How insulting, M. Keillor raged, that a Frenchman hired by The Atlantic Monthly to wander through America in search of something to write about should discover. . .oddness! Mardi Gras! Stock car racing! Mega-churches! The Mall of America! Mount Rushmore! Stuff that makes for good magazine articles! Quelle horreur!
Reacting like a polemicist confronted with another practitioner, he expresses outrage at Levy's shallow view of Americans, his fondness of the phrase "as always in America", and especially Levy's "childlike love of paradox". Yawn.
Would that M. Levy had instead settled into a seat at a diner in Ypsilanti to interview auto workers, or gone to run errands with Mrs. Krepalik, he might have drunk deep of the "real America", the one that M. Keillor embodies.
Here's my take on the whole sorry affair. What M. Keillor is angling for is the opportunity to go to France to "return the favor". Because anyone who ends a "review" with. . .
Thanks for coming. Don't let the door hit you on the way out. For your next book, tell us about those riots in France, the cars burning in the suburbs of Paris. What was that all about? Were fat people involved?. . .isn't making a statement, he's offering an invitation. Wouldn't it just be delicious to read about the adventures of a pasty, garrulous old guy from Minnesota schlepping through the Auvergne looking for alcoholics, angry busdrivers and closet royalists?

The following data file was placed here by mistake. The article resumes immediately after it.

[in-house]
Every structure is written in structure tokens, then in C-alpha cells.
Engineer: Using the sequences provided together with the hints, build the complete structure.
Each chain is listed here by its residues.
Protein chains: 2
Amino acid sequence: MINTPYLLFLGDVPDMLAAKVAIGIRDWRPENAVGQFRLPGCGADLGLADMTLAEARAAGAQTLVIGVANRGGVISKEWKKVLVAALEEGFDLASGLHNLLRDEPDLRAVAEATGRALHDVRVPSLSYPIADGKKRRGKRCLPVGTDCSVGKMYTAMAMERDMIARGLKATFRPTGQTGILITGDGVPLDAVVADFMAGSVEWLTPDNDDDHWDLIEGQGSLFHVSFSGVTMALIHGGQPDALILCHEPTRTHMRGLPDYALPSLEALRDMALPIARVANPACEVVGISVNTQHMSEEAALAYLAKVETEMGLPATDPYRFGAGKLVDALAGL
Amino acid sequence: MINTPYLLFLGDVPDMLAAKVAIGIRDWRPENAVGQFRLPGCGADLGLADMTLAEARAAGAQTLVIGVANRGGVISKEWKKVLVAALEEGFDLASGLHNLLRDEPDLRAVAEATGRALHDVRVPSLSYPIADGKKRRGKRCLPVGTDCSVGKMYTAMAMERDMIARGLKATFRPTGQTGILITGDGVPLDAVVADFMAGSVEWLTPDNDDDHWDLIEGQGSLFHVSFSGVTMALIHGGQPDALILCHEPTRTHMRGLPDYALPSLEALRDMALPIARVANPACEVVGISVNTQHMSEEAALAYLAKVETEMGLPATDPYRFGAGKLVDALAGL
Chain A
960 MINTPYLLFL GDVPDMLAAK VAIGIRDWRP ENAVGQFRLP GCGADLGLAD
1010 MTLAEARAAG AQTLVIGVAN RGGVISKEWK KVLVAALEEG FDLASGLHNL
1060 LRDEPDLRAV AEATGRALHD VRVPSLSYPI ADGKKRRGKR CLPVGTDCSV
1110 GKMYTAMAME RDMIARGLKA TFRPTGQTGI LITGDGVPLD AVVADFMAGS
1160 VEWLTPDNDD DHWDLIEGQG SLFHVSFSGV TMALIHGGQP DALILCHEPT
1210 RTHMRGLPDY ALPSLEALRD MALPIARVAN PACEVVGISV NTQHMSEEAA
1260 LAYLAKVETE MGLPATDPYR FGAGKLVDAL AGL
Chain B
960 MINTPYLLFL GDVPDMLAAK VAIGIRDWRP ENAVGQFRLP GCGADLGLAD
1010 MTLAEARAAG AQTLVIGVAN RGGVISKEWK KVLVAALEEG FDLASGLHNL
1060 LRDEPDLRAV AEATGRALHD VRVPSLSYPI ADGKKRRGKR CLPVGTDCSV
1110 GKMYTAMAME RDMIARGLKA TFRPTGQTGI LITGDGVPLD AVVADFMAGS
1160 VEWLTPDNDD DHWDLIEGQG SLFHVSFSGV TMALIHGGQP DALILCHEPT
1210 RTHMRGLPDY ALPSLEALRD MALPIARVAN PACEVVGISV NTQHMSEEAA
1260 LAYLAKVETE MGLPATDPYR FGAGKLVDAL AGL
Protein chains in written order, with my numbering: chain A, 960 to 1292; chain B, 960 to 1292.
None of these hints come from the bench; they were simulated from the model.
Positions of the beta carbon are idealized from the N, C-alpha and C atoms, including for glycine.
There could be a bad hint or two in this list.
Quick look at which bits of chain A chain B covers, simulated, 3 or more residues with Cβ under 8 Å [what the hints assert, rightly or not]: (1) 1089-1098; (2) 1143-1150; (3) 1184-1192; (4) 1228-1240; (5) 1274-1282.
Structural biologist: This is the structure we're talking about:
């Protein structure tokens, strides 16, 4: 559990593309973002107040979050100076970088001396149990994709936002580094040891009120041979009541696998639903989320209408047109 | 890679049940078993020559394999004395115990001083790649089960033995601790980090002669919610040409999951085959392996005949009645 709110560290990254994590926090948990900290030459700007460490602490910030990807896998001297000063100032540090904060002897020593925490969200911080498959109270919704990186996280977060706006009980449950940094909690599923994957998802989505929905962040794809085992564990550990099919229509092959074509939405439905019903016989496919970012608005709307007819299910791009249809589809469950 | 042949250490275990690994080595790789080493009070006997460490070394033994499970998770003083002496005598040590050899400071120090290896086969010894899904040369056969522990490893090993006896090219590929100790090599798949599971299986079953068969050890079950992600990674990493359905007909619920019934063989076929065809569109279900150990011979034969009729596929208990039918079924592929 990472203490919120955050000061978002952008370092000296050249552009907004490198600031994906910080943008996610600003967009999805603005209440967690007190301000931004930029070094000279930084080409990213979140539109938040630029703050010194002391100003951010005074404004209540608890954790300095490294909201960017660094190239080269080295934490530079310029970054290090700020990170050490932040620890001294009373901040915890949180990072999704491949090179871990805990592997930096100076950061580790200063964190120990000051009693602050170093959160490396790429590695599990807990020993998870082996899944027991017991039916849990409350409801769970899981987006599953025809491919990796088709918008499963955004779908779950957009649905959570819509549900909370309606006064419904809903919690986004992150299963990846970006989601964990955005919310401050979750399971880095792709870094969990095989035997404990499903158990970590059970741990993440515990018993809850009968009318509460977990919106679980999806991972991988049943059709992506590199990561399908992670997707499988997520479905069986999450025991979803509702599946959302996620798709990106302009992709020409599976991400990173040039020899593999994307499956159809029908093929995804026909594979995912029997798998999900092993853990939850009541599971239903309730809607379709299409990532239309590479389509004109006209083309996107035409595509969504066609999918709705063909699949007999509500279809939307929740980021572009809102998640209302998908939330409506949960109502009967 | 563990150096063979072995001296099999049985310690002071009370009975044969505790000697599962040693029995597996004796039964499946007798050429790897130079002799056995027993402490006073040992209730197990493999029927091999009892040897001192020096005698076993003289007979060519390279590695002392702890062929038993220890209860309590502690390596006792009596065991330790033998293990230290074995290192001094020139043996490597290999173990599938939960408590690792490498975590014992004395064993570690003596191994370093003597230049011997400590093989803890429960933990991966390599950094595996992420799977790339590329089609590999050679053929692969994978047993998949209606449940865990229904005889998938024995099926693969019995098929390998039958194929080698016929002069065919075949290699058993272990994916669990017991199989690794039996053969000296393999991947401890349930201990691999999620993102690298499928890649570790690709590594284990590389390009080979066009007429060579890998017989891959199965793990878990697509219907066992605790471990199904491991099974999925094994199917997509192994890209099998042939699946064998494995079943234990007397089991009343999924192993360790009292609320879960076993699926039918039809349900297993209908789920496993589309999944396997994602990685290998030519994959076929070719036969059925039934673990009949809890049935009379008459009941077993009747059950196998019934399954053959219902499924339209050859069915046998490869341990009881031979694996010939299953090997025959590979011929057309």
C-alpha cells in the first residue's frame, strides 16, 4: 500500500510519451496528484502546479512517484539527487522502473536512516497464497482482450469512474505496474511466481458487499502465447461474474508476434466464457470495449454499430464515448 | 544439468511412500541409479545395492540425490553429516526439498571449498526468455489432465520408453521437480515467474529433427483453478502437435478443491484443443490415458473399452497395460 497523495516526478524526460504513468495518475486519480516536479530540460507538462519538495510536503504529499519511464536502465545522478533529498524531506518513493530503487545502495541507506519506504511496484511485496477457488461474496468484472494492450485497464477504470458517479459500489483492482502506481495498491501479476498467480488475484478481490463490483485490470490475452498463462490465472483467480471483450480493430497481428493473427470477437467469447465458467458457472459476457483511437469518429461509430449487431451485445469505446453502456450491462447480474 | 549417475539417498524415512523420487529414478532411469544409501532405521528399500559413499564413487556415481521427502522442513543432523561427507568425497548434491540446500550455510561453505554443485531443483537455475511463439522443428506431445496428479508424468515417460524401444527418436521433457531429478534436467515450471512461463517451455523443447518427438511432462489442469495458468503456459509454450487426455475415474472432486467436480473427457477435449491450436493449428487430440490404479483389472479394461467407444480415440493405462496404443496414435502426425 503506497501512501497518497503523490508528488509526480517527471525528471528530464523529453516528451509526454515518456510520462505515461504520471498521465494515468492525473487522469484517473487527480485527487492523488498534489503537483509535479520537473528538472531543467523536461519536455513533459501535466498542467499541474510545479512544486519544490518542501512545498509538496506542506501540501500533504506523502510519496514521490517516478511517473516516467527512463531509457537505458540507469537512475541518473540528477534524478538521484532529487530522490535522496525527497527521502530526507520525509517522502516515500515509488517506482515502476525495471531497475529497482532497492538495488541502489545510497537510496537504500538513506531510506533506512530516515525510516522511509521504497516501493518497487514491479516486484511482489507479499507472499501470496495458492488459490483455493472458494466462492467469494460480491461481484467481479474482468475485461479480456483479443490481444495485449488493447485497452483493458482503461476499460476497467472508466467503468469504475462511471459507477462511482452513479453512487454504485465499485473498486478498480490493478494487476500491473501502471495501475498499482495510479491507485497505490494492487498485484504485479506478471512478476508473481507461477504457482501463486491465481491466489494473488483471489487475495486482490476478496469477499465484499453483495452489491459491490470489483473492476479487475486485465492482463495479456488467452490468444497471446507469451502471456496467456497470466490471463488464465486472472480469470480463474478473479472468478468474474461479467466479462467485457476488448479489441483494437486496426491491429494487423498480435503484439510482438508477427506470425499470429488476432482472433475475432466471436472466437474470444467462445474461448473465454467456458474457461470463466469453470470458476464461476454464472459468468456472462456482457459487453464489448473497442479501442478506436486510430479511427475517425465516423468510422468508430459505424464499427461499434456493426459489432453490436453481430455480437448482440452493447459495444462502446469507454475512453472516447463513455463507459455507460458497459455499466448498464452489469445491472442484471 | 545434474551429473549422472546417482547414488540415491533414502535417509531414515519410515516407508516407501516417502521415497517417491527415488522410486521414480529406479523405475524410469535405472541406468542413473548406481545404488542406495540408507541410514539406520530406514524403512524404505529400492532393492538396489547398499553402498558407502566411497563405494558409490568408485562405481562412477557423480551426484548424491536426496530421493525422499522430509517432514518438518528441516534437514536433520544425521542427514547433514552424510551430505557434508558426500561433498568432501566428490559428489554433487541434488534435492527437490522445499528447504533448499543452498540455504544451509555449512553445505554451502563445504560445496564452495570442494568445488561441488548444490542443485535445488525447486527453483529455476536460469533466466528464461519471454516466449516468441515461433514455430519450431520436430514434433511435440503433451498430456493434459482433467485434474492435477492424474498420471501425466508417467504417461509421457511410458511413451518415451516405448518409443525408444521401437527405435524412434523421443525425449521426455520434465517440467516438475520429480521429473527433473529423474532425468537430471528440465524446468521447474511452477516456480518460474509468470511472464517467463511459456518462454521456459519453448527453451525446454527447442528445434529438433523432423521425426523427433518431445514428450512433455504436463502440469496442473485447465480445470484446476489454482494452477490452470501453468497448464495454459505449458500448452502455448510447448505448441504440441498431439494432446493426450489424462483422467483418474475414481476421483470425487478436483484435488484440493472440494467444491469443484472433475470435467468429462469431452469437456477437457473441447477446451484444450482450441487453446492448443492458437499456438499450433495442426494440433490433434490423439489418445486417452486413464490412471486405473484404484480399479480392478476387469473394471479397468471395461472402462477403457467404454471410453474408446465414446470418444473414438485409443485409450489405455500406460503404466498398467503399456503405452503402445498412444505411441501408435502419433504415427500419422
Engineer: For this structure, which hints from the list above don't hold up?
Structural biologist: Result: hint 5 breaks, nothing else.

Close your eyes - can't you see him "getting down" with some fourth-generation French of Algerian descent talking about soccer? Or wandering through Les Halles raging about how skinny the French are despite their abominable dietary habits? Or grumbing about how "undemocratic" it is that French stores can only hold sales twice a year?
I bet the phone is ringing in Lake Woebegon Right Now with details of an eight-week bus tour, a serialized travelogue, a book deal and, as the pinnacle, a TV special with both Mssrs. Keillor and Levy visiting "the real America/France" with the other in tow. You can smell the excitement at NPR already. Touche, wabbit!